I quite like the mainly black covers. Beauty is in the eye of the beholder, though.


message 19: by Badgerlord (last edited Sep 04, 2012 02:57AM) (new) - rated it 4 stars

Badgerlord Barb wrote: "Covers seem to be important to me too"

I agree. Covers are important. In fact, even the phrase 'Don't judge a book by its cover,' annoys me. What am I meant to do? Read the entire book and then go, 'no, I was right. That was awful'? I'm the first to admit I might miss really good books, but I'm also saving myself a lot of time. Sorry if I'm ranting, I tried to keep it short.


message 20: by Mitali (last edited Sep 12, 2012 12:47PM) (new) - rated it 5 stars

Mitali Alessandra wrote: "The switch to Paul Kidby's work was a real improvement, in my opinion."

I agree. Kirby's covers were interesting in their vibrancy, but definitely not attractive (ugh, all his women were dreadful). Kidby's covers are simply wonderful, and usually have a much larger meaning. For example, his cover of Night Watch - one of my favourite book covers ever - is both a really cool cover in itself, and a gentle parody of the famous painting by Rembrandt of the same name (see both the cover and the painting on this page: http://www.terrypratchett.co.uk/forum... - scroll down a bit).


message 21: by [deleted user] (new)

I just wish they would keep the same style across the entire series. I've got the whole lot sitting on one shelf, all bought as they came out in paperback, and there are now 3 different styles of spine there. I've avoided the dismal black ones, but it doesn't make for a nice, uniform looking shelf. And, no, I'm NOT about to go and buy the entire series again, just so the shelf looks nice...

I would agree that Kirby's covers don't always match the descriptions of the characters, but that's not to say they aren't great fun. but I'd agree with Mitali about the Kidby covers, they quite clever as well as good to look at.


Arthur Daigle The cover art is very simple, but that might be to save money. After all, Pratchett has a large following who will read whatever he writes (and with good reason). Why spend money hiring a talented artist when the buyers will come regardless?
As an aside, I've read plenty of books with magnificent cover art and garbage writing inside, so I take good cover art with a grain of salt.


Ellen Benefield Dirk wrote: "The Corgi version 'The Light Fantastic' by Josh Kirby"
Fun cover.


S.A.A. Calvert Sometimes books have been offered with plainer covers so that 'adults' aren't embarrassed to be seen reading them. I believe that was the case with the Potter books.

The red-face factor was echoed by an idiot of a literary snob who had clearly never read any Pratchett, for he said "Adolescent masturbatory fantasy like Terry Pratchett"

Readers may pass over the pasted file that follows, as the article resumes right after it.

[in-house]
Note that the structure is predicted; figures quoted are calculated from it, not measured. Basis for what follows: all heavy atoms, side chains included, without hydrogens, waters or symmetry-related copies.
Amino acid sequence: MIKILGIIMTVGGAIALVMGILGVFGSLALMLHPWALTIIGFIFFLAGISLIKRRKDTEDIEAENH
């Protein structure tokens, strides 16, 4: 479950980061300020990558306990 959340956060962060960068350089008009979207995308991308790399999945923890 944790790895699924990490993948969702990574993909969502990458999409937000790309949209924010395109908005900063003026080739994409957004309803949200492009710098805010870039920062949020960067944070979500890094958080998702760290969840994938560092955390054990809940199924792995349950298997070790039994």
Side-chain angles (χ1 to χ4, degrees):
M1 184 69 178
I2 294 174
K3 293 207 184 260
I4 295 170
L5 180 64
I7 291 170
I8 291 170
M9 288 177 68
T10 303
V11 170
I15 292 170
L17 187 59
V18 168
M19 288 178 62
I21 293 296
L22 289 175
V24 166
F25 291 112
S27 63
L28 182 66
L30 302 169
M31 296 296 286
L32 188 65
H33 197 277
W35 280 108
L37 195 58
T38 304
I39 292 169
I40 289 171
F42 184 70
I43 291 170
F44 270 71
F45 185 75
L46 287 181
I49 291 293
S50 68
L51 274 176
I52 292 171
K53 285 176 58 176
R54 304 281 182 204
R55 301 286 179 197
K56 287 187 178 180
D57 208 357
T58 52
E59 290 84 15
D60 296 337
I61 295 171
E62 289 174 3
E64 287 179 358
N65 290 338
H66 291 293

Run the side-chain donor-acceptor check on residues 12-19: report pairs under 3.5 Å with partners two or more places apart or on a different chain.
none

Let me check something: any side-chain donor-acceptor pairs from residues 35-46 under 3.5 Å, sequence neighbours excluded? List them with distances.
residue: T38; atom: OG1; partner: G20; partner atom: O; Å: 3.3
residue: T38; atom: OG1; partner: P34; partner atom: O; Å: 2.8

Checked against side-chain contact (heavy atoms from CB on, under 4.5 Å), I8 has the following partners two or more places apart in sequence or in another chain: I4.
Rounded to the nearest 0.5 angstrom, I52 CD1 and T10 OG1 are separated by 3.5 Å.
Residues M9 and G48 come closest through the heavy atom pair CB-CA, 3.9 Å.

Mind you, another snob described TP's work as being for the "fucntionally illiterate"


message 25: by Melanie (new)

Melanie Ezell My first experiences with Terry Pratchett books were the SFBC releases, omnibuses of the first few Rincewind books and one of a few of the one-off stories like "Pyramids" and "Small Gods." One thing I can distinctly remember about those books was the gorgeous cover art that really helped to attract the reader to the books.

I agree, the American paperback covers are rather boring, and it seems to be a trend perpetuated even with TP's non-Discworld work, like Good Omens. I'm not sure why that is.


message 26: by Anna (new) - added it

Anna I think two major factors that might have influenced the change of cover for the American books.

The first is that the change in publishers may have meant the deal with that certain artist would have been dropped. The second is that (as Morganlise said) there's a bit of a stigma in America about fantasy novels.

Fantasy novels (except for the trending supernatural romance subgenre) are generally seen as silly, like they're somehow substandard compared to other literature. And it's not far fetched to say anyone carrying around a book with a cover like the originals would get a few raised eyebrows. (I think it's dumb, I love the original covers. But it happens). I think it's possible the US publishers might have been afraid that sales wouldn't be as good, and decided to go in a different direction. They may have been right, though. I don't know about you folks over the pond, but Americans, sadly, absolutely do judge a book by it's cover.


Steven This article has some good points highlighting the ways the US and UK differ when it comes to cover design. Being American I can verify that it is a major pain trying to find UK versions of Pratchett's books for my collection. I find the American covers just as dull as you do and sometimes the design element they choose to focus on doesn't really match the book. If you have any Discworld books with awesome UK covers you would like to get rid of then please let me know.

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Niels Bugge Amanda wrote: "Terry Pratchett is one of my favorites, his worst book is better and funnier than almost anyone else's best book. Tom Holt is up there in the running, but I love the way the Discworld novels are loosely but coherently connected."

Never heard of Tom Holt, but the books seem interesting... any recommendations on where to start?
(Btw. I really don't like Jasper Fforde's nursery crimes, partly because I'm not into detective stories, and partly because I'm not a native english speaker and have no relationship to English language childrens stuff).


Niels Bugge On topic, I've heard most of the Discworld novels on audio, and tend to look away from the extremely weird and cartoonish covers, because I simply don't think they do justice to the characters' personalities.


Amanda Niels wrote: "Amanda wrote: "Terry Pratchett is one of my favorites, his worst book is better and funnier than almost anyone else's best book. Tom Holt is up there in the running, but I love the way the Discworl..."

My first Tom Holt was "Expecting Someone Taller". He has the same sort of non-sensational acceptance of wackiness that Pratchett does, but set in a world almost completely like this one. Except, you know, where it's not. In Expecting Someone Taller, a dull-but-nice man runs over a badger, only to find himself in the middle of a battle for a ring. You know, THAT ring, the one made out of the Rhinemaiden's gold. He's got it, all kinds of gods and other dodgy sorts want it.